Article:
# The Weekly Challenge ‐ Perl and Raku ## CY's Take on The Weekly Challenge #169 ‐ Number Theoretic Quiz

If you want to challenge yourself on programming, especially on Perl and/or Raku, go to https://theweeklychallenge.org, code the latest challenges, submit codes on-time (by GitHub or email).

Do tell me, if I am wrong or you strongly oppose my statements!

It's time for challenges in Week #169 !

Both tasks of this week ask for the first 20 terms of a certain integer sequence; I ran an extra mile to make it suitable for some larger values. However my running performance has been so-so.

This is a simple revision of my code.

```#!/usr/bin/perl
# The Weekly Challenge 169
# Task 1 Brilliant Numbers # CY's solution version 2.0
use v5.24.0;
use warnings;

my \$req = \$ARGV || 20;

my @prime = (2, 3, 5, 7, 11, 13, 17, 19, 23, 29, 31, 37,
41, 43, 47, 53, 59, 61, 67, 71, 73, 79, 83, 89, 97);

die "You're asking too many, or I am too little!\n"
if \$req > 241;  # 21*20/2 +  21 + 4*3/2 + 4

my \$pt = ceil( ( sqrt(8*\$req-79) +7 )/2 ) - 1;

my @brilliant = (-1, 4, 6, 9, 10, 14, 15, 21, 25, 35, 49);

my @temp;

for my \$i (4..\$pt) {
for my \$j (\$i..24) {
my \$product = \$prime[\$i]*\$prime[\$j];
push @temp, \$product;
}
}

push @brilliant, sort {\$a<=>\$b} @temp;

say join ", ", @brilliant[1..\$req];
```

Sample Run:

```\$ ch-1.pl 30
4, 6, 9, 10, 14, 15, 21, 25, 35, 49, 121, 143, 169, 187, 209, 221, 247, 253, 289, 299, 319, 323, 341, 361, 377, 391, 403, 407, 437, 451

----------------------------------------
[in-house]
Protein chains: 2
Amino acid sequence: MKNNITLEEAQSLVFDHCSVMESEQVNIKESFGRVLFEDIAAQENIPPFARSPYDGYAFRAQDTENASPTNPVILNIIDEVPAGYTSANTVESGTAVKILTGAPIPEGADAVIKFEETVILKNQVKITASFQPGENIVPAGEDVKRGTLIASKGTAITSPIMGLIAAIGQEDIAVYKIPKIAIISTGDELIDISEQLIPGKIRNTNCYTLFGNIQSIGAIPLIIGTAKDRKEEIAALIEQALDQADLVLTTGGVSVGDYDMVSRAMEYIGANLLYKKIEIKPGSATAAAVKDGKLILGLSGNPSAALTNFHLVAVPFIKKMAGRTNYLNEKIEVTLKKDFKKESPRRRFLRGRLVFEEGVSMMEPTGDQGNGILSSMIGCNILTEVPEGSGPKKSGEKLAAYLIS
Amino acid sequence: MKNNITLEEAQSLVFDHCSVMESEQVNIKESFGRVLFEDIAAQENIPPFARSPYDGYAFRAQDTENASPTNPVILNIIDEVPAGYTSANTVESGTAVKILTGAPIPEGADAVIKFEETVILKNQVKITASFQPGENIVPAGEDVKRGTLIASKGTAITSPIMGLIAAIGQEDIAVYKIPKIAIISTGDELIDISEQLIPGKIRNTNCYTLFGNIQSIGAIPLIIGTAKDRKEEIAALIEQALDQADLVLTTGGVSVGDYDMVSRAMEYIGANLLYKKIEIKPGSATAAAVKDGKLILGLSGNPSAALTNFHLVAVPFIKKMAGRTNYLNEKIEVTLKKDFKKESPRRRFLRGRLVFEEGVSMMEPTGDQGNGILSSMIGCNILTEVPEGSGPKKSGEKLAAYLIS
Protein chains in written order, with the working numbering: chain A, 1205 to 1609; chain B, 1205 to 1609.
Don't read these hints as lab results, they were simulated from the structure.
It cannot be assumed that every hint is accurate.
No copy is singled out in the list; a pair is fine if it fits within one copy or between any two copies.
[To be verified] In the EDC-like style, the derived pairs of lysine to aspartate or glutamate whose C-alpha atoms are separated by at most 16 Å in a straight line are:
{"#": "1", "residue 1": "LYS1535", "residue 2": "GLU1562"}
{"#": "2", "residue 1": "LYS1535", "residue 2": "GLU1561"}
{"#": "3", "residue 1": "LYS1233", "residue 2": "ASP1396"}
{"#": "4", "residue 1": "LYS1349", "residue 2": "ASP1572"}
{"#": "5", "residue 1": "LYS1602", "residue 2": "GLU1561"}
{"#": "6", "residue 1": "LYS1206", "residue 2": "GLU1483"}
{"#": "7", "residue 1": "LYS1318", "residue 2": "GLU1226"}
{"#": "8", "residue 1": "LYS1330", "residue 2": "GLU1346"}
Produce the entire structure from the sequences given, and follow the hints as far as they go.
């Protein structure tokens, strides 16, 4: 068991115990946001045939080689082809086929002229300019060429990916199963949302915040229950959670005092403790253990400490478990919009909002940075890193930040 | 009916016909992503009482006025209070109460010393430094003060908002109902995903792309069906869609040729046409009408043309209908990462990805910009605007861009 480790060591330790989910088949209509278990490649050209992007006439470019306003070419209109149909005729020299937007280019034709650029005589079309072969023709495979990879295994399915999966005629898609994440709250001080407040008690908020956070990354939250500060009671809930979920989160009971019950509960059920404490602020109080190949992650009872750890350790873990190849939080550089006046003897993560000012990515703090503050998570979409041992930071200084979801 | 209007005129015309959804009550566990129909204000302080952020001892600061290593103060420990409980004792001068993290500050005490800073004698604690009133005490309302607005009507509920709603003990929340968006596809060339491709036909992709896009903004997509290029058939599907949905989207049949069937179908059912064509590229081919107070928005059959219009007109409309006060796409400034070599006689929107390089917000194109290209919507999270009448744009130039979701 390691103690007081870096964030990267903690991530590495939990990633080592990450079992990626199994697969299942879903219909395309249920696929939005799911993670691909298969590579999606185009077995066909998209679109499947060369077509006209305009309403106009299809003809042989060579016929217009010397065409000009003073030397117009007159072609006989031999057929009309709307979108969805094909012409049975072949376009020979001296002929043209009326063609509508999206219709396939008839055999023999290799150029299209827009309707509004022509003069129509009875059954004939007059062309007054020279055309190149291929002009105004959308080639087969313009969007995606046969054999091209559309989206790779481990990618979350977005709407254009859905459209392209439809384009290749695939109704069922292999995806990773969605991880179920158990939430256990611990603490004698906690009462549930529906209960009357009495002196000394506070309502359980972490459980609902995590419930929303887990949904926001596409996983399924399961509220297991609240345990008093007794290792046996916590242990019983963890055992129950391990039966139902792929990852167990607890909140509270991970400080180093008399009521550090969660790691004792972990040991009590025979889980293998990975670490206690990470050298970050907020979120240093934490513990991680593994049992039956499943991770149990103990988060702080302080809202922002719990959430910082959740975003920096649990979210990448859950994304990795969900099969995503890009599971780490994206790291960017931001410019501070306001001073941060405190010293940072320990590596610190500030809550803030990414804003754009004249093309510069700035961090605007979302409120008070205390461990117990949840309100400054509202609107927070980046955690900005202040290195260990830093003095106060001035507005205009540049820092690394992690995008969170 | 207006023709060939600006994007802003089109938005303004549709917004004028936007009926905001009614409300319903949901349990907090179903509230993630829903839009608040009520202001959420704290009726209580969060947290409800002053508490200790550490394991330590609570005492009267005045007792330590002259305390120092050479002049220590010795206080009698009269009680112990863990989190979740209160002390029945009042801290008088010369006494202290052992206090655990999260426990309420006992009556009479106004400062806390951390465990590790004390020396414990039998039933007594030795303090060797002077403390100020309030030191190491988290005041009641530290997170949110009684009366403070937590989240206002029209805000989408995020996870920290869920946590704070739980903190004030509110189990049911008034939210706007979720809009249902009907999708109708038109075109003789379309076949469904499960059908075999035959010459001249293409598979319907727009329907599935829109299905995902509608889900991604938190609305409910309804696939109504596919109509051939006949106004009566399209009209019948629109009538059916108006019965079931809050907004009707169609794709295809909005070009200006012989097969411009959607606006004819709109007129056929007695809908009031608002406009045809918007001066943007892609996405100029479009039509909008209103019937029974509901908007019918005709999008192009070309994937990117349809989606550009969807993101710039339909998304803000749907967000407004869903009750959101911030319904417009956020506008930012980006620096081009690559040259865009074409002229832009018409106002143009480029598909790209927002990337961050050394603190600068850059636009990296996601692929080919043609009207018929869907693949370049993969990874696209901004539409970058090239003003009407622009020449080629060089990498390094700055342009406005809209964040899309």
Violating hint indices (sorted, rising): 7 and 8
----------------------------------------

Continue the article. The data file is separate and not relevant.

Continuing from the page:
```

(The 20th term is bold.)

##### Improvisation

FULL CODE

Declaring myself as an ambitious person, here I extend the methods up to "brilliant products" by 4-digit primes.

 number of 1-digit primes 4 number of 2-digit primes 21 number of 3-digit primes 143 number of 4-digit primes 1061 number of brilliant numbers from 1-digit primes 10 number of brilliant numbers from 2-digit primes 231 number of brilliant numbers from 3-digit primes 10296 number of brilliant numbers from 4-digit primes 563391

Number of brilliant numbers from x-digit primes is equal to the number of prime squares and the number of the pairs, for instance, 42 + 4*3/2 = 10, 212 + 21*20/2 = 231.

There are many pre-processing for this version.

```sub bn {
my \$req = \$_;
my \$show_all_values = \$req <= 50;
# show all values if the required number is small

my %prime = (1 => [2, 3, 5, 7],
2 => [11, 13, 17, 19, 23, 29, 31, 37, 41, 43,
47, 53, 59, 61, 67, 71, 73, 79, 83, 89, 97],
3 => [],
4 => [],
);

my \$digit_len;

given (\$req) {
\$digit_len = 1 when \$_ <= 10;
\$digit_len = 2 when \$_ <= 241;
\$digit_len = 3 when \$_ <= 10537;
\$digit_len = 4 when \$_ <= 573928;
default {die "You're asking too many!\n";}
}

eval { forprimes {push \$prime{3}->@*, \$_}  100, 999; } if \$digit_len >= 3;
eval { forprimes {push \$prime{4}->@*, \$_} 1000,9999; } if \$digit_len >= 4;

my \$ind = \$req;
\$ind = \$req-10 if \$digit_len == 2;
\$ind = \$req-241 if \$digit_len == 3;
\$ind = \$req-10537 if \$digit_len == 4;
my \$c = 3;
\$c = ceil( ( sqrt(8*\$ind+1) - 1 ) / 2 ) - 1 if \$digit_len >= 2;

my @temp;

for my \$i (0..\$c) {
my \$I = \$prime{\$digit_len}[\$i];